A Chat With Dvora Entin on Our Perinatal Loss Training: Clinical and Supportive Care
Tell us about the training.
PSI has initiated a brand-new training on perinatal loss. This includes loss for any reason, including termination for medical reasons, miscarriage, multiple losses, and other challenging loss experiences. The training addresses provider interactions inside and outside the hospital system, focused on support and training for practitioners to facilitate difficult conversations surrounding loss. We have a conversation on grief and how to support those experiencing loss, getting as specific as language and body placement during these interactions. The training is designed to teach practitioners how to hold compassionate conversations and how to walk with someone in their grief.
The statistic of 1 in 4 pregnancies ending in a loss of some kind may be surprising to most people. Too many get the conversation wrong – doctors, nurses, and therapists included. We can and must do better. The new training is aligned with PSI’s emphasis on education playing a key role in quality care, and was developed using strong, data-driven information.
We have offered this training twice, and it has been so impactful for our participants. The course is CME-approved. The audience for the training is capped to make participants feel comfortable and confident with the material. The training in November is in Philadelphia, PA, but training can come to you as well. We are available to conduct this training at your preferred location, whether at a hospital, private practice, or other organization.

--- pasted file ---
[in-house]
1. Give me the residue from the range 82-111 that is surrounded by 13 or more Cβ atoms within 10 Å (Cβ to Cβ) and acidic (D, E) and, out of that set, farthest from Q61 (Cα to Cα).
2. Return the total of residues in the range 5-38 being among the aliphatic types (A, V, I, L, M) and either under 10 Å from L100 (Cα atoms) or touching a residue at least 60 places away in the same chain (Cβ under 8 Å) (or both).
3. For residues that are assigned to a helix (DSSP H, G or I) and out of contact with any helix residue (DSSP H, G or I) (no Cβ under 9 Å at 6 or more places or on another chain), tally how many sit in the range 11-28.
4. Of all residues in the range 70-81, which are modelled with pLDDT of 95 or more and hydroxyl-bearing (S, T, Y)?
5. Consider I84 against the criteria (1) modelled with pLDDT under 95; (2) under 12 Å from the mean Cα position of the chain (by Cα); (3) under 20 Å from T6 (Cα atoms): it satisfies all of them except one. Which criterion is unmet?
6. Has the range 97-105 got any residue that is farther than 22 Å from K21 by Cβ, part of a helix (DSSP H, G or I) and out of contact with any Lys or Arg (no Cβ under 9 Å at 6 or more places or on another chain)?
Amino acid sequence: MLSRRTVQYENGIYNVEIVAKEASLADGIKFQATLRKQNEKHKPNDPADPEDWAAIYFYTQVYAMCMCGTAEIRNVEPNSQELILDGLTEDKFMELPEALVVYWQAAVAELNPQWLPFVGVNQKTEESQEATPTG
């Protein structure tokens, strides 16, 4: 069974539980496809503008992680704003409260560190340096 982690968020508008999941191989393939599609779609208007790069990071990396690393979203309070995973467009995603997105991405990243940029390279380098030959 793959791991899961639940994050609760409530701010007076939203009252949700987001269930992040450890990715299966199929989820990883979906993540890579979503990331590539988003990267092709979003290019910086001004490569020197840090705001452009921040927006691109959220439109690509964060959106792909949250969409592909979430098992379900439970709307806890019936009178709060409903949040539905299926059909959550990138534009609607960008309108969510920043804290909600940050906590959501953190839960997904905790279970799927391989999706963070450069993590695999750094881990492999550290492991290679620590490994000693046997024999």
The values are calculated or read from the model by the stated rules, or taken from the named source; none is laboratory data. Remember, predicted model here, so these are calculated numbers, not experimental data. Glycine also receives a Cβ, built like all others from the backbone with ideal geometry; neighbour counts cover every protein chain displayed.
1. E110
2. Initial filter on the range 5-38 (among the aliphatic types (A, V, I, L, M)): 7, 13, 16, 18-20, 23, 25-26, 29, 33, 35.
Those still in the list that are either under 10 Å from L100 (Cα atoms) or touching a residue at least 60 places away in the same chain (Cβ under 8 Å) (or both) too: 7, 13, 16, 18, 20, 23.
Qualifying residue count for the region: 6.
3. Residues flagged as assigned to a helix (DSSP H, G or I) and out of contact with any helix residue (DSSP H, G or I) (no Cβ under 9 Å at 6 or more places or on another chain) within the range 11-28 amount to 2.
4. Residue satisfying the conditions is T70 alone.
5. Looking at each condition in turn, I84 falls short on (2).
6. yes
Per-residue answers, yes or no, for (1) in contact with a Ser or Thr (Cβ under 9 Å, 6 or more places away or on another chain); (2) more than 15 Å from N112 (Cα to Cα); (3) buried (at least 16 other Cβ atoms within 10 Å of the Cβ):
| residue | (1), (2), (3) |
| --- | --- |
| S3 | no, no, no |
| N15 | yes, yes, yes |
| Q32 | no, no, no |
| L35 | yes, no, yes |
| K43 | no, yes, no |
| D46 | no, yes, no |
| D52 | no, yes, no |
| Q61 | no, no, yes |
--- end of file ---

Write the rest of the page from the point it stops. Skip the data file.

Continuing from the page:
Who is the training designed for?
This training is designed for anyone who interacts with patients and clients who may experience perinatal loss – social workers, nurses, doctors, pediatricians, doulas, midwives, therapists, ultrasound technicians, psychiatrists, NICU neonatologists, lactation consultants, volunteers, and more.
Specific PSI volunteers (help line, support coordinators, mentors) should consider the training, as it is focused on compassionate conversation regarding perinatal loss and all volunteers may encounter a help-seeker dealing with loss.
Why is the training in person rather than a virtual training?
It is important to model behavior during this training, which is not possible to do in the virtual space. We are dealing with a very sensitive topic, and the opportunity to conduct the training in-person is too valuable to pass up.
Generally, we do not have widely used, solid conversation surrounding grief. With this training, we’re striving to create an accessible, trauma-informed narrative. For example, if you ask an OB-GYN about perinatal death, they often have little to no training on the subject. The training is designed to offer support for the practitioner as well as teach the practitioner how they can effectively support the patient. A well-trained provider can provide a safe and supportive environment for their patients.
Why is this training so critically important?